posted by wryly at 5:42 PM on December 16, 2010

Many alarms, in different places, staggered to go off at different times, with motivational notes/pictures taped to them.
posted by Jacqueline at 5:43 PM on December 16, 2010

What works for me in working out in the mornings (though at 7am and not 430!) was having a super super obnoxious alarm clock across the room and a workout buddy who's obnoxious too and calls every couple minutes. Between the two of them, I was forced to get up.

Now, it also helps that I'm in an apartment with super thin walls and 3 roommates. I have to get up to turn off my alarm clock unless I want to incur the wrath of all three of them getting their sleep disturbed.
posted by astapasta24 at 6:54 PM on December 16, 2010

"Move the feet to the floor and take four more." During those first four steps I have my eyes closed but as I pull on my socks and underwear my conscious brain takes over and I float towards the first task of the day. I have made this a habit and it seems to work well for me. This way I don't really think about it anymore
posted by bkeene12 at 8:00 PM on December 16, 2010

I'm going to copy and paste from an old reply of mine to a vaguely similar AskMe question:

I used to hit the snooze button all the time. Maybe six times a morning, typically. Then I got one of these clocks.

Instead of an alarm, it plays the sound of songbirds singing. I was unsurprised to find that this is pleasant, especially compared to an alarm (which is called such because it is alarming, and being alarmed is such an absurdly bad way to start your day that I can no longer fathom why it is so popular in our culture).

But I was surprised to find that it wakes me more or less instantly; I thought there was no way a few songbirds would wake me up. Turns out they wake me up much more effectively (and of course much more pleasantly) than alarms do.

Sure, I still hit the snooze button every once in a while, but now I do so pretty rarely, whereas before it would be rare for me not to hit it. And hitting it more than once is very rare; I don't think I've ever hit it more than twice. As I said, with my old alarm, I would typically hit it something like six times a morning.

Plus, when I do hit the snooze now, it's more "Eh, I think I'll nap for a few more minutes", rather than "SHUT THE HELL UP YOU GODDAMN ALARM CLOCK".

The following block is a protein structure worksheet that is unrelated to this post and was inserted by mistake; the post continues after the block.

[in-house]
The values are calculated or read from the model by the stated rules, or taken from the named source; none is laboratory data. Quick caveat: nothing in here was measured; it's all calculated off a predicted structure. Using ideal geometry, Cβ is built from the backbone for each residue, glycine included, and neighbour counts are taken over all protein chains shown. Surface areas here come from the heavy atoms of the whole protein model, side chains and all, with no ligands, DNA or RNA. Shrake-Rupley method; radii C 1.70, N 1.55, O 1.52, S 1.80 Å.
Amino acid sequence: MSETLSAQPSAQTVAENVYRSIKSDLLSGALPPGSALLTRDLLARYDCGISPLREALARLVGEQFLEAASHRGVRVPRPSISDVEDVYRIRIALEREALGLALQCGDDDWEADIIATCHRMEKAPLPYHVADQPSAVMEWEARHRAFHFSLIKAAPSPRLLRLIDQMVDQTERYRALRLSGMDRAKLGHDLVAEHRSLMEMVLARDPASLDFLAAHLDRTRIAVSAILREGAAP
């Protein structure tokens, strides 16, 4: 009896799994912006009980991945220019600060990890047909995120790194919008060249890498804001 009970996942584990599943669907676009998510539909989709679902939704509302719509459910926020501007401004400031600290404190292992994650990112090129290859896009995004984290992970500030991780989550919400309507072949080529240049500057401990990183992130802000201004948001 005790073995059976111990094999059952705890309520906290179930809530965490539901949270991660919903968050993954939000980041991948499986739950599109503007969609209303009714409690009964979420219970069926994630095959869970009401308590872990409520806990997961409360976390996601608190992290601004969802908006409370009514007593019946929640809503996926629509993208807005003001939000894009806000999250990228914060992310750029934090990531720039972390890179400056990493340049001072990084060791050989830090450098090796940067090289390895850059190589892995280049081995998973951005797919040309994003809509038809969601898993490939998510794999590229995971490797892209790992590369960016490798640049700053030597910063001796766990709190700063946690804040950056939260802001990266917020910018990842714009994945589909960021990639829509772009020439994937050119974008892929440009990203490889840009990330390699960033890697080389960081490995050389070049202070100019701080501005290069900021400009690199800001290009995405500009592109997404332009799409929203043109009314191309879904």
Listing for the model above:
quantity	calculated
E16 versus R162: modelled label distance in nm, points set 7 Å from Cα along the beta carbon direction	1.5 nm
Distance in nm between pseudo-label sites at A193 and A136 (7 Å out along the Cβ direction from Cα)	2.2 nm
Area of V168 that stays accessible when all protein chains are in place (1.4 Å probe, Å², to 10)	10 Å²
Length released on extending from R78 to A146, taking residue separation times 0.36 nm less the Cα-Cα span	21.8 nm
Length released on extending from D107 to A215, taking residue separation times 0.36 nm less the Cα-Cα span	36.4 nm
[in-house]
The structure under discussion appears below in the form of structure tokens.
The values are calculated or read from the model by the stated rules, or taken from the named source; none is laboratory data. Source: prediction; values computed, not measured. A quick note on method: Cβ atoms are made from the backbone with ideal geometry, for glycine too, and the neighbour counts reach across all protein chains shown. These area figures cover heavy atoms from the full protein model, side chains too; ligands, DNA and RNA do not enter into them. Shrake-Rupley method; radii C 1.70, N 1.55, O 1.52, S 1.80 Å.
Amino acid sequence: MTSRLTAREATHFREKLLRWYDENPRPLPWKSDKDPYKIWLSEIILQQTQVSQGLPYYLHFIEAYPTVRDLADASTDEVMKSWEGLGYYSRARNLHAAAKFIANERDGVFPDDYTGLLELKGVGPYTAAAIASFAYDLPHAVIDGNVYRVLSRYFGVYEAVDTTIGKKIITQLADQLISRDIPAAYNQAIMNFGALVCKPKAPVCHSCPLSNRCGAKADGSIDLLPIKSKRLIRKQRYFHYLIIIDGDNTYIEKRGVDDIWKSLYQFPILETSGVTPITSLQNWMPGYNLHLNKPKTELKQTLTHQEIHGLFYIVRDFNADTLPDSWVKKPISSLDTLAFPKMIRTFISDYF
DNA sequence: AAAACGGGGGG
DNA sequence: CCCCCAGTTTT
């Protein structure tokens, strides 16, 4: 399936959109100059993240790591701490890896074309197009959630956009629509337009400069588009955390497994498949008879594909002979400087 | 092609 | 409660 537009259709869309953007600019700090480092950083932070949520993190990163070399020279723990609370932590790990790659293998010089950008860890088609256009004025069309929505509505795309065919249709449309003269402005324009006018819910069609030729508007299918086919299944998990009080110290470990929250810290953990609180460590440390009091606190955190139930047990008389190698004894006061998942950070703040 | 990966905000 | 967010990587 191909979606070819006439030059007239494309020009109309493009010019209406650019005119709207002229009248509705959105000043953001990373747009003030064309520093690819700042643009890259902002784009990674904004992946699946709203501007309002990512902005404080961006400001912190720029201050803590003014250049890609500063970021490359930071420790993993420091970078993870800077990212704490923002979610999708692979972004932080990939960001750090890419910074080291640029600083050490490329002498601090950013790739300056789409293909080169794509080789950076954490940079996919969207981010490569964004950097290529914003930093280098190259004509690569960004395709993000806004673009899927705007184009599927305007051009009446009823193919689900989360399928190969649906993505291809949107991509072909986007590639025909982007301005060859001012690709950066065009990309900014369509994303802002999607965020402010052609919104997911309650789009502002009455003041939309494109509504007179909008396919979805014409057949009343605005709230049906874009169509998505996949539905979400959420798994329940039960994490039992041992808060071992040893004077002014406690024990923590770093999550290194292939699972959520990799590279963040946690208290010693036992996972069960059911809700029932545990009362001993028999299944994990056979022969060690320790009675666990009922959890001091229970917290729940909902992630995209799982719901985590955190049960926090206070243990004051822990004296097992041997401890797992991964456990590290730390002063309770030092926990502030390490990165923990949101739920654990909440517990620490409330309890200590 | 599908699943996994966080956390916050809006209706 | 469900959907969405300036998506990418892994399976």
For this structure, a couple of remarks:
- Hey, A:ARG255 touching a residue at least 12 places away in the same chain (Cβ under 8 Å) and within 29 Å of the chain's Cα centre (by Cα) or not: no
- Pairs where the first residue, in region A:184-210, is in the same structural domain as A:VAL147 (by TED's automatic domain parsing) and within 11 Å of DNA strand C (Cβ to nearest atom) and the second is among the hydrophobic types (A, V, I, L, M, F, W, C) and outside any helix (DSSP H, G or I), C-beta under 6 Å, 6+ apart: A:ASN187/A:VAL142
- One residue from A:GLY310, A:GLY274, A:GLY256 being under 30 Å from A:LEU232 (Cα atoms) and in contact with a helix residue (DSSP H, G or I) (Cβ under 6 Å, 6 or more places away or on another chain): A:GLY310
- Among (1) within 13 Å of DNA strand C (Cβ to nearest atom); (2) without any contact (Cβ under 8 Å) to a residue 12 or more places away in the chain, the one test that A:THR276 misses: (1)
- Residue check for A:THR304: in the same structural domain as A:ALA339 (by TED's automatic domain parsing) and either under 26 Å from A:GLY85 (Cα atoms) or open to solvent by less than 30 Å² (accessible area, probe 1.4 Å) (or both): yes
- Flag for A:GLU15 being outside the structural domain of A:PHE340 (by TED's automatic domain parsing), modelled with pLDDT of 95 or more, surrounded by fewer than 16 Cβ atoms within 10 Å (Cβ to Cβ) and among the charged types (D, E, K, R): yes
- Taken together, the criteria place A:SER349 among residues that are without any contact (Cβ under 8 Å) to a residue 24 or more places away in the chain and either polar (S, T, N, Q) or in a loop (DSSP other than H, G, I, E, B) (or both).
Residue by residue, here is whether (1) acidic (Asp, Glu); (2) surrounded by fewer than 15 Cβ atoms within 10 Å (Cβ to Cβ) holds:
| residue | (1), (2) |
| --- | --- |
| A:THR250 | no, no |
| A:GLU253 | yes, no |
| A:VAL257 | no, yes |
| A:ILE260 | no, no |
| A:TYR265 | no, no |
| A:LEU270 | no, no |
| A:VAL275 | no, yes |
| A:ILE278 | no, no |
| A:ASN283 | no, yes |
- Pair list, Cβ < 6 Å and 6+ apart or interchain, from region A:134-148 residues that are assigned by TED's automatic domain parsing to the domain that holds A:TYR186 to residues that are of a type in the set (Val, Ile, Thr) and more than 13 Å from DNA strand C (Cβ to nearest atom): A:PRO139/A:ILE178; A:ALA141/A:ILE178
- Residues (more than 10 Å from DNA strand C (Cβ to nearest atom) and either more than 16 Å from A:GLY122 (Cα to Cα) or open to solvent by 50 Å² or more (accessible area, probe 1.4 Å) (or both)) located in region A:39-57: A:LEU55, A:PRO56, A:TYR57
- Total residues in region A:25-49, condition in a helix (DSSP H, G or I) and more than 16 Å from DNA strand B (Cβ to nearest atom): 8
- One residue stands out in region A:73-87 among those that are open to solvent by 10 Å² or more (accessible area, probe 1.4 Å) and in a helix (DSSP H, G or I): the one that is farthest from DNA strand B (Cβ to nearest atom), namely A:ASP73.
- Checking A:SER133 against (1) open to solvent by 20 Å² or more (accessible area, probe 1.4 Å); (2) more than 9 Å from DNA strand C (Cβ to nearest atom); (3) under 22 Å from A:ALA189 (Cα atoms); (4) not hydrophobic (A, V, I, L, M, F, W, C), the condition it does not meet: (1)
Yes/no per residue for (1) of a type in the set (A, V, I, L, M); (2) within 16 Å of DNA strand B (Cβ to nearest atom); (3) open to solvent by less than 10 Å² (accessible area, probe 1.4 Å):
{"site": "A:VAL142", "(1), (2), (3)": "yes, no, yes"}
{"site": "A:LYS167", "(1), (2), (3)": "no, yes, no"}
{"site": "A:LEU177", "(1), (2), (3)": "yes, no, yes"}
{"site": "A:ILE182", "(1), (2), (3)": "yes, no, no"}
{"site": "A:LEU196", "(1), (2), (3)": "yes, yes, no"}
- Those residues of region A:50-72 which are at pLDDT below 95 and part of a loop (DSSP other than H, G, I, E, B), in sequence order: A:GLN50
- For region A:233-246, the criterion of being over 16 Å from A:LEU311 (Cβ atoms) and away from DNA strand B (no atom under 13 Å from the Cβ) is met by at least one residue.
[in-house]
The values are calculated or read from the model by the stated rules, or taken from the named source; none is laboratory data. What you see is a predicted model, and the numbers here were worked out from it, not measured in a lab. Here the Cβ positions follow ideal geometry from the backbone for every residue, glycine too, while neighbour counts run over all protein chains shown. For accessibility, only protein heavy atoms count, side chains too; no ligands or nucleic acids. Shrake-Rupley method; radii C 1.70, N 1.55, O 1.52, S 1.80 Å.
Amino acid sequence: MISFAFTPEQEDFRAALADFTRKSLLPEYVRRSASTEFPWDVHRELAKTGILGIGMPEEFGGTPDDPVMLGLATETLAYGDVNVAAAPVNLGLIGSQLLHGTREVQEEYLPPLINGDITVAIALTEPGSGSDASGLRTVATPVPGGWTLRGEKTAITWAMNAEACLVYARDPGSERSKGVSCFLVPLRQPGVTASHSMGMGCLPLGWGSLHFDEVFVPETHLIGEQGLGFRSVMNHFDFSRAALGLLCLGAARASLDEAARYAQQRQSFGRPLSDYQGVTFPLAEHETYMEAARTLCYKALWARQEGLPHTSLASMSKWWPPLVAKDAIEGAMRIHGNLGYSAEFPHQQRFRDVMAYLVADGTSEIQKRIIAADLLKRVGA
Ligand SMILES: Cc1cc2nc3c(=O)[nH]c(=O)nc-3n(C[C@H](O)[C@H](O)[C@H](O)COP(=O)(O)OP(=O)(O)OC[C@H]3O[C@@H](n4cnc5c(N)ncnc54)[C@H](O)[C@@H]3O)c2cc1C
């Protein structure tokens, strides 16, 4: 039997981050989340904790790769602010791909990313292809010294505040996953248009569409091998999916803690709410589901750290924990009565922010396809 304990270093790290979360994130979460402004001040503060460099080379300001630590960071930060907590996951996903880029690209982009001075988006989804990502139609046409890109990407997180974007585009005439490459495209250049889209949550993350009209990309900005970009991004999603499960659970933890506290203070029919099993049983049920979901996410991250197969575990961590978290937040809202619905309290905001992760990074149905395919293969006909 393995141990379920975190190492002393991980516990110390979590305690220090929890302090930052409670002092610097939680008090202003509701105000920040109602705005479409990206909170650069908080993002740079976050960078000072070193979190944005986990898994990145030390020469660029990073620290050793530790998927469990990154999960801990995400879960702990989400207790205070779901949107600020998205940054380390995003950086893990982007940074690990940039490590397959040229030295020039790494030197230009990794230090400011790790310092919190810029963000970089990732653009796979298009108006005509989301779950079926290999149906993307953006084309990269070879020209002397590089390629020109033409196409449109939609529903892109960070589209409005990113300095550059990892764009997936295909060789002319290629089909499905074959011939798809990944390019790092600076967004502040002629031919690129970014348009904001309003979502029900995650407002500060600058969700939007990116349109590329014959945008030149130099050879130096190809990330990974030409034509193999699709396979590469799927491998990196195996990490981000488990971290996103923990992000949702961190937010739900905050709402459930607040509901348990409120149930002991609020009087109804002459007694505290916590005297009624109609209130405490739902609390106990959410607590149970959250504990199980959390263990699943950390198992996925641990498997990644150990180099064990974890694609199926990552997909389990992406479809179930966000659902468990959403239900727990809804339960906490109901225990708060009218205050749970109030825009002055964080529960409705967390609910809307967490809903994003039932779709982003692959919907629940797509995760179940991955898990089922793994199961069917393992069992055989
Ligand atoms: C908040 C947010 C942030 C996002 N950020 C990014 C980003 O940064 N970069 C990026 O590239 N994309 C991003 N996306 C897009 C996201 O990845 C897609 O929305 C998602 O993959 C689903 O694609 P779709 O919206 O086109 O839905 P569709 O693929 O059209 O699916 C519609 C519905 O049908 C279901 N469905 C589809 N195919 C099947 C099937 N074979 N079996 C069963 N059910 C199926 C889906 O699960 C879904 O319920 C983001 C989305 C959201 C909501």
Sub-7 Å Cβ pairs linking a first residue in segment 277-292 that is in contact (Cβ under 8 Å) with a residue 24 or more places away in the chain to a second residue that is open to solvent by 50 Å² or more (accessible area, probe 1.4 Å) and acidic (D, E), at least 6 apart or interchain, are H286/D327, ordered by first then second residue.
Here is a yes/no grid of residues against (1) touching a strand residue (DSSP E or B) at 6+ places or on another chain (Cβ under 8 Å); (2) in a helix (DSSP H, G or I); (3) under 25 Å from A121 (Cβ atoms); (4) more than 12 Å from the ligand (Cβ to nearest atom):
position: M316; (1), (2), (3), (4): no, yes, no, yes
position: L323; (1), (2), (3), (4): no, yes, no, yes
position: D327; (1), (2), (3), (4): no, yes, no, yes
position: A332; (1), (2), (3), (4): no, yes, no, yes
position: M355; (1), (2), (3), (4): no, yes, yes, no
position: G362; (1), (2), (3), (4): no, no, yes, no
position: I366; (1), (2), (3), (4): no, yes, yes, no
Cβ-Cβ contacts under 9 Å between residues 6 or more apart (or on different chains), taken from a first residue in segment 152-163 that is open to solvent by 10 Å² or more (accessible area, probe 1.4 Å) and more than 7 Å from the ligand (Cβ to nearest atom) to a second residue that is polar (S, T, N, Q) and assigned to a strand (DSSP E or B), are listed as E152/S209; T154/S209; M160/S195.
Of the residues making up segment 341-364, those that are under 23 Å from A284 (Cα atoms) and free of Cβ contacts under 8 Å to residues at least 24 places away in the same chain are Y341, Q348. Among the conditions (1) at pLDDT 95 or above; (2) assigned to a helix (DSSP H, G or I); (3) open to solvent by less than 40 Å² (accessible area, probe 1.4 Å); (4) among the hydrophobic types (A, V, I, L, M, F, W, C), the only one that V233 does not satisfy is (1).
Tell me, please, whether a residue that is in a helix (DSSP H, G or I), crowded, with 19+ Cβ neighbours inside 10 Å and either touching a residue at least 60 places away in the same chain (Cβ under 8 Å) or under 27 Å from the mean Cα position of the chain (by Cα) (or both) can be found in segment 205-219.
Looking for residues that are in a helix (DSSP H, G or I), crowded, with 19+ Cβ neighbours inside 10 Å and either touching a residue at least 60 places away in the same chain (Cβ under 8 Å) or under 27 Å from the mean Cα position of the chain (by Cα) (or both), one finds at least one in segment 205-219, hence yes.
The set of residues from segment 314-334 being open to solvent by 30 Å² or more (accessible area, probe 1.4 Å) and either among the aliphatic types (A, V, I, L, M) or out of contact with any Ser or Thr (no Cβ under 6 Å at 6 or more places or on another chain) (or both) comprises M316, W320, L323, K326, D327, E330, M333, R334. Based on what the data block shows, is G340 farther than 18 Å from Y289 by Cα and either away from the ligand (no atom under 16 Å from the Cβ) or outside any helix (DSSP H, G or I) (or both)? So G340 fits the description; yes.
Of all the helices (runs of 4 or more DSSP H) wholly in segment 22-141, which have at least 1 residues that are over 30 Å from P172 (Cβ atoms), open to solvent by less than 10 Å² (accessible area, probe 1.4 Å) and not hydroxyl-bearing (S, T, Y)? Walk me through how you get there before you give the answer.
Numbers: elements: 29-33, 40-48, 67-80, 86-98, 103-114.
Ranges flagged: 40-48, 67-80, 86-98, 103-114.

posted by Flunkie at 8:48 PM on December 16, 2010 [2 favorites]

There are some cool sleep tracking gadgets that can help wake you up when you are in the least-deep portion of your sleep cycle, which (for me at least) gets rid of that terrible groggy feeling that makes you hit snooze over and over. I used a Sleeptracker and thought it worked really well for this purpose (they have since added other features that I haven't tried because they weren't in my version), but if you're looking for a cheaper alternative, there is a 99 cent iphone app that accomplishes the same thing, and has good reviews.
posted by holympus at 11:58 PM on December 16, 2010

Related to your question- have you thought about doing some workouts at home? For me, it's hard to convince myself to get up early, to go out in the cold and the dark, to turn my brain on to deal with the outside world, in order to work out. I can get up early and work out inside, no problem.

It would let you sleep in a little more as well. If you're in an apartment or other place where certain exercises wouldn't be appropriate (running, jumping, etc.) you can start with the exercises you CAN do (stretches, non-jumping calisthetics, weights) until you wake up enough to go outside/down to the gym for the other exercise.

The nice thing about this is that if you get lazy, at least you got SOME exercise in, instead of none.

Part of this is psychology- it's hard to convince myself to jump the triple hurdle of 1) Wake up early (ugh) 2) to travel outside (ugh) 3) to go work out (why am I doing all this?). Whereas, 1)get up and do some exercise seems like a lot less to my monkey-brain. Perhaps it may be also true for you.
posted by yeloson at 12:33 AM on December 17, 2010

Virtuosic snooze button skillz run in my family. I regularly will snooze until the clock writes me off as a lost cause. There are a few things that have worked for me, however.

Music. This is a bit of a crapshoot because using a radio alarm clock can mean that you will be awakened by some good music that gets your brain interested in joining the waking world instead of your pillow... OR it could be a terrible song that you must! stop! immediately! and go back to the dream world where shitty music does not exist.